Today is the Arupathu Moovar festival. It is 5.45 am and already, lakhs of participants must be making their way to the four Mada Streets of Mylapore. The procession will start at 3.00 pm or thereabouts by which time the crowds and the heat will be at their peak. But such is the spirit and joy of this event that nobody minds such discomforts.

Thanneer Pandal, Arupathu Moovar

An integral feature of this festival are the thanneer pandals. All over Chennai, makeshift stalls will come up today. These will dispense food, water, buttermilk and snacks to those who walk by. Tradition has it that Appoodi Adigal, one of the 63 Nayanmars, set up Thanneer Pandals to welcome Appar, another of the 63. Around my house I can see four thanneer pandals in operation.

Yesterday, Karthik Bhatt and I set out to see the Ther festival and whilst there we saw two Thanneer Pandals that can claim a hoary legacy of their own. The younger of the two has been set up at the same spot for 137 years! There was no one to interview there but at its neighbour, which is 152 years old, we struck gold.

A 137 year-old tradition

This was first conceived by Sabhapati Achari in 1860! He was a practitioner of native medicine and lived at Triplicane. Since then, five generations of his family have made their way each year to the Mylapore tank and set up their thanneer pandal. Venkatesa Achary, sixth in line from Sabhapati, says that he continues the family traditions of Sri Vidya upasana and also native medicine. Each year, he applies for permission to set up this thanneer pandal and the temple gladly gives it. The pandal occupies pride of place, for it is on RK Mutt Road, with its back to the tank, ensconced between two bus stops.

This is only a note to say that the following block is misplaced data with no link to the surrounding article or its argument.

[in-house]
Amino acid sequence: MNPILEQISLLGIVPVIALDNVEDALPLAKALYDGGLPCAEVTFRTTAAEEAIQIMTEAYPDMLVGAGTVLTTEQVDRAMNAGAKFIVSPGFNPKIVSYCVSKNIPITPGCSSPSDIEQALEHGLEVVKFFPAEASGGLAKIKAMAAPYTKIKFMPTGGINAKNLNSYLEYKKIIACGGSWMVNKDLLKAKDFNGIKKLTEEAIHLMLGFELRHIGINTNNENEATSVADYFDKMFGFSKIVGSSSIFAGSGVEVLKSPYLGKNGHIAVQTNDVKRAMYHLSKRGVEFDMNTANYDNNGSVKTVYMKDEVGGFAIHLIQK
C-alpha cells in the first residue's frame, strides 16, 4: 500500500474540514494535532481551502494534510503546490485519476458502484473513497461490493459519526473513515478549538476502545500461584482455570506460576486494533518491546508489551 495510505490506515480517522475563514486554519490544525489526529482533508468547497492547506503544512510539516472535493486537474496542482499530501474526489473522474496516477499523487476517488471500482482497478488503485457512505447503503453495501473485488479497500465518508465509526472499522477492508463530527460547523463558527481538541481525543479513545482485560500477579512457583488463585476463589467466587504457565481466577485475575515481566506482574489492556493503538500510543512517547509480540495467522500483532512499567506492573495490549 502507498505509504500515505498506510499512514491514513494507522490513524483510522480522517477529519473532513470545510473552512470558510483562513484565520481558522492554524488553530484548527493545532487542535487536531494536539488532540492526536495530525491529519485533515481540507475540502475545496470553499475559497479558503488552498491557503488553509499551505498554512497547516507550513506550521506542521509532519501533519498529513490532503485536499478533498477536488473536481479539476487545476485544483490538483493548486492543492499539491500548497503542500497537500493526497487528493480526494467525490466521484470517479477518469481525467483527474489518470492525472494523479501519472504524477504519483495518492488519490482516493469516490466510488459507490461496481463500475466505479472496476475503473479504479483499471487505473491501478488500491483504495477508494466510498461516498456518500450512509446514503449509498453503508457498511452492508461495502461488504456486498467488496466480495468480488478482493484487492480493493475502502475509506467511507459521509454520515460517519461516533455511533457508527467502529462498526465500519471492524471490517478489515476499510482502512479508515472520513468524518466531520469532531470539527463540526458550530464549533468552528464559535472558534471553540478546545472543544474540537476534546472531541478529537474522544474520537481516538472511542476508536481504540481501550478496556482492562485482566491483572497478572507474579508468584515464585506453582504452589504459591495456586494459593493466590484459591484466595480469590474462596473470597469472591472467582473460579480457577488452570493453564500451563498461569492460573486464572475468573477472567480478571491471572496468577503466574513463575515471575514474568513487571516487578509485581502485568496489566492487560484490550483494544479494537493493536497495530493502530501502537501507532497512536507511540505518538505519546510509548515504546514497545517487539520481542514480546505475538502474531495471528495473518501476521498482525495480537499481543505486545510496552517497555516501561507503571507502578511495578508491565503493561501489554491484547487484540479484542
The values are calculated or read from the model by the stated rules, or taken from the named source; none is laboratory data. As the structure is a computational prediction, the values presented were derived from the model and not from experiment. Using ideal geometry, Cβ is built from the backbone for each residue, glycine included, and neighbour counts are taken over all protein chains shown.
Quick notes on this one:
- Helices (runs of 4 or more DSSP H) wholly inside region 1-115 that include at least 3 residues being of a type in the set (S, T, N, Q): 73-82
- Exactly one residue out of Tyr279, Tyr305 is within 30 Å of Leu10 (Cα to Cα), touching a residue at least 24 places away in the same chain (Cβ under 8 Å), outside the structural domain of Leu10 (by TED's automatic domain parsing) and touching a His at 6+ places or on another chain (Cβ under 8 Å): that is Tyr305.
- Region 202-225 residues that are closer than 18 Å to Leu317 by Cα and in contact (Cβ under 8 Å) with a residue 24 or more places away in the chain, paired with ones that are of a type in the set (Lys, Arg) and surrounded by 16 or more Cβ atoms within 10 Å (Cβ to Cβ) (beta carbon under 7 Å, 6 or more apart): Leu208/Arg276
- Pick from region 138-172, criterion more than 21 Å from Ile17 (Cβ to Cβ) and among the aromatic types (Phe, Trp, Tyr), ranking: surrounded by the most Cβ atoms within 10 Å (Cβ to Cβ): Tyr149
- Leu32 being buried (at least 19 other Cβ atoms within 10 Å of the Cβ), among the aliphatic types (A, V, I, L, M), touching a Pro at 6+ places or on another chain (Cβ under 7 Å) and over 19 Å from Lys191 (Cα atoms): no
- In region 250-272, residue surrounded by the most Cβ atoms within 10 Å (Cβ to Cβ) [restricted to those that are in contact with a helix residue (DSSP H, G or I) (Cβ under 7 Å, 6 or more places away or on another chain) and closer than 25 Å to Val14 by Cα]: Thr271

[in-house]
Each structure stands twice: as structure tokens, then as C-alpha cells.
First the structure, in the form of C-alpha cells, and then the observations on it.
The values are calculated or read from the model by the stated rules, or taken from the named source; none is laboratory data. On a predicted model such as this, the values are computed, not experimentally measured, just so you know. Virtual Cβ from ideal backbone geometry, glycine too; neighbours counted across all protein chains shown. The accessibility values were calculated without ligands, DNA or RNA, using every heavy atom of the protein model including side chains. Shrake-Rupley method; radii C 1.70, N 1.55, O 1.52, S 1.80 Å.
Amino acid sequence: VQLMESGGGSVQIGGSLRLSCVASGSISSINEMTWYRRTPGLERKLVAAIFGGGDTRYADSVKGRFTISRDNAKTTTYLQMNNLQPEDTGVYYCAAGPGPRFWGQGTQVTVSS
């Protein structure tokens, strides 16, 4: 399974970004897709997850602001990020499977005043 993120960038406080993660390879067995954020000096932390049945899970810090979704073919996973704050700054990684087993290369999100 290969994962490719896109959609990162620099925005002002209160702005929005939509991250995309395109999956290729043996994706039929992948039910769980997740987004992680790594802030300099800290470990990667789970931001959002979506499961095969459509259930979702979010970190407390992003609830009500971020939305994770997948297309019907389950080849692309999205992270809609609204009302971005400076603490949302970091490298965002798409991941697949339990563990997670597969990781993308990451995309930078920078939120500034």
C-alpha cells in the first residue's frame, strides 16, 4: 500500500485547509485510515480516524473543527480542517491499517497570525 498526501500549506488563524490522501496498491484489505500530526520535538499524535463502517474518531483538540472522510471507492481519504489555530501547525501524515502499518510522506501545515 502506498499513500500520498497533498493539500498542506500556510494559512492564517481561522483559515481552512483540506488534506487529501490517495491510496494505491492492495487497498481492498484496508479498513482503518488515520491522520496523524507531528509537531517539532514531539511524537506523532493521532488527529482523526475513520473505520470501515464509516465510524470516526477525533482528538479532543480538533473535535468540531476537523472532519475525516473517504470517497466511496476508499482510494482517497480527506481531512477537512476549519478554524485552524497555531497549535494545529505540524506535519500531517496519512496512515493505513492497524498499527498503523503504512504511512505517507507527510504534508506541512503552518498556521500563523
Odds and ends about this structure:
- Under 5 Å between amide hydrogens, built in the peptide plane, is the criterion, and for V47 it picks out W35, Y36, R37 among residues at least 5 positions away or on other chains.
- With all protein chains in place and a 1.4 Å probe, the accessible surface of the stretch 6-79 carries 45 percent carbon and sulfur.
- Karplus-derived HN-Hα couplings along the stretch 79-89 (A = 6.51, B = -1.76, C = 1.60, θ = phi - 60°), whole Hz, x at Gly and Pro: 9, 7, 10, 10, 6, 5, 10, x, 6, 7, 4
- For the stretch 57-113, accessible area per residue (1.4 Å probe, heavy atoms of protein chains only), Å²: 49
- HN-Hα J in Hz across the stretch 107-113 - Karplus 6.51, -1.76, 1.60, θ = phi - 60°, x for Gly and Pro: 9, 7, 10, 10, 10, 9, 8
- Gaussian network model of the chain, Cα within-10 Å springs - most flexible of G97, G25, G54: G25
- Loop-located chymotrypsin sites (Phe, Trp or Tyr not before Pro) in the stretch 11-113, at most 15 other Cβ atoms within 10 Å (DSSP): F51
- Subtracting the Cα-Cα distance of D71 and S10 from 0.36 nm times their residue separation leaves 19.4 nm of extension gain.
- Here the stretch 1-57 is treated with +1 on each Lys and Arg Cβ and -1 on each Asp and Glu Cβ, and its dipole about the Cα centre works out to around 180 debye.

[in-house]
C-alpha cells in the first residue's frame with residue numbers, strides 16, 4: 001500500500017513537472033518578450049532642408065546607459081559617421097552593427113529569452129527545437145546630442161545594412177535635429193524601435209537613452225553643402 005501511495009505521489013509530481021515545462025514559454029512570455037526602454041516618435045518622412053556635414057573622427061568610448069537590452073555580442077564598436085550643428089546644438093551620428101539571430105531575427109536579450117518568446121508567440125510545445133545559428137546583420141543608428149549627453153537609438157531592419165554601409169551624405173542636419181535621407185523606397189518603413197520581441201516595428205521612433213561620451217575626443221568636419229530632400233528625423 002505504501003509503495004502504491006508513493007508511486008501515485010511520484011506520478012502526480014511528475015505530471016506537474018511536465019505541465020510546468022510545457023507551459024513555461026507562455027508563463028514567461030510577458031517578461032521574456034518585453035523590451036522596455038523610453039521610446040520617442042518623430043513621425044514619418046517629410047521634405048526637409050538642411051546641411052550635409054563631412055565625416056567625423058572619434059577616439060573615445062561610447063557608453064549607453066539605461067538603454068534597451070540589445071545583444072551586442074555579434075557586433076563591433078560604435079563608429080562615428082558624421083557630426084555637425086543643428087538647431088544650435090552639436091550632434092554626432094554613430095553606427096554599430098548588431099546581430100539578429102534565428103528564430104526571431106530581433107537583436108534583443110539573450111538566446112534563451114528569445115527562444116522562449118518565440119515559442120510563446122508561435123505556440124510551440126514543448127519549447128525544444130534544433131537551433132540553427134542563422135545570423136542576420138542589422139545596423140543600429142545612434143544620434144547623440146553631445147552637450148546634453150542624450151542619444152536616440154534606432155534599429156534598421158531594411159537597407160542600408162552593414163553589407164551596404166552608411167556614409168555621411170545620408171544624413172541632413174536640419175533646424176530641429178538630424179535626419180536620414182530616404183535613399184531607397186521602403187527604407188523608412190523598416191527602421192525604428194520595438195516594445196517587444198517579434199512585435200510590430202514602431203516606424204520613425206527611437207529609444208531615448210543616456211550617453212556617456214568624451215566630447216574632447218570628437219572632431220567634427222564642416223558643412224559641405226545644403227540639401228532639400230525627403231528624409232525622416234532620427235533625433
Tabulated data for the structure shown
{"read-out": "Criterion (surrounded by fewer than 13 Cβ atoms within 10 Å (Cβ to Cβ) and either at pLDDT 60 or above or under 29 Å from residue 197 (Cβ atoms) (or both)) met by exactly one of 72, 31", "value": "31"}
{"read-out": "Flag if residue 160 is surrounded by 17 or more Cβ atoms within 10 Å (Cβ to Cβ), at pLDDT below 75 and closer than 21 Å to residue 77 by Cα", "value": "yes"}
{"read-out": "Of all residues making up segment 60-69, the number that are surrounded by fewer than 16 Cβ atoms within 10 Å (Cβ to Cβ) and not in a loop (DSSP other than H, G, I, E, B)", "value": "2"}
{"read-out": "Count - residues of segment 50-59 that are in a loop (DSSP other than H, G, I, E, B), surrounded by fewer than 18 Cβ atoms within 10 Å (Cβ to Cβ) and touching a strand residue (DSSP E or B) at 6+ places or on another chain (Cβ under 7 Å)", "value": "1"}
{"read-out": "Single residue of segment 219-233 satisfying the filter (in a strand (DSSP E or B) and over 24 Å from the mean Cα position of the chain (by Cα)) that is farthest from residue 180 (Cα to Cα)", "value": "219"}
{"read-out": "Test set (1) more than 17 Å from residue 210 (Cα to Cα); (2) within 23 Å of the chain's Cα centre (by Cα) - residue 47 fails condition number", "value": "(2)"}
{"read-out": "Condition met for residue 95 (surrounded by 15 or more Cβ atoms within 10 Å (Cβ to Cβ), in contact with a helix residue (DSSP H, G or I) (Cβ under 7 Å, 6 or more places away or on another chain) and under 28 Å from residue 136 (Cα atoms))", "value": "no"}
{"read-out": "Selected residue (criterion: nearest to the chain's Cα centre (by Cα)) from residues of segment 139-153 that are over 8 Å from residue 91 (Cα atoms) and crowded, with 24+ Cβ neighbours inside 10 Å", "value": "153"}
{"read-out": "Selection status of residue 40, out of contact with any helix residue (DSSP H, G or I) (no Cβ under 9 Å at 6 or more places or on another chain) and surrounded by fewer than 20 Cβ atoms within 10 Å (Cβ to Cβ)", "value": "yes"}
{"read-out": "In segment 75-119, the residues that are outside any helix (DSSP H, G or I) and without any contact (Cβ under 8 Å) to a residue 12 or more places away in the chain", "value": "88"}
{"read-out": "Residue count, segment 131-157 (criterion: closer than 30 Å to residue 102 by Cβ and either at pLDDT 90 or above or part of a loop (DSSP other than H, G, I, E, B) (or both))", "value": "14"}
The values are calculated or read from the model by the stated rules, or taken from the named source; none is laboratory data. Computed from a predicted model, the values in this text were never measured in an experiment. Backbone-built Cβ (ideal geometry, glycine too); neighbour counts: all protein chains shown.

Sivagnana Sambandha Swamigal Thanneer Pandal

When we went in, the women of the family were busy cutting vegetables and cleaning rice. Preparations were in full swing for the massive cooking operation that would follow. Karthik and I were given buttermilk and also gifted palmyra fans.

Venkatesa Achary

The family also distributes pongal each year at the Kalikambal shrine in Town, during that temple’s festival. And a few decades ago, they began distributing food at Tirumala as well. How do they finance it? Well-wishers and Venkatesa Achary’s patients contribute and they keep it going. Incidentally, the family has also lived in the same house for over six generations!

To me, it is stories like this that makes the Arupathu Moovar festival exciting.

My book on Chennai is out and can be purchased here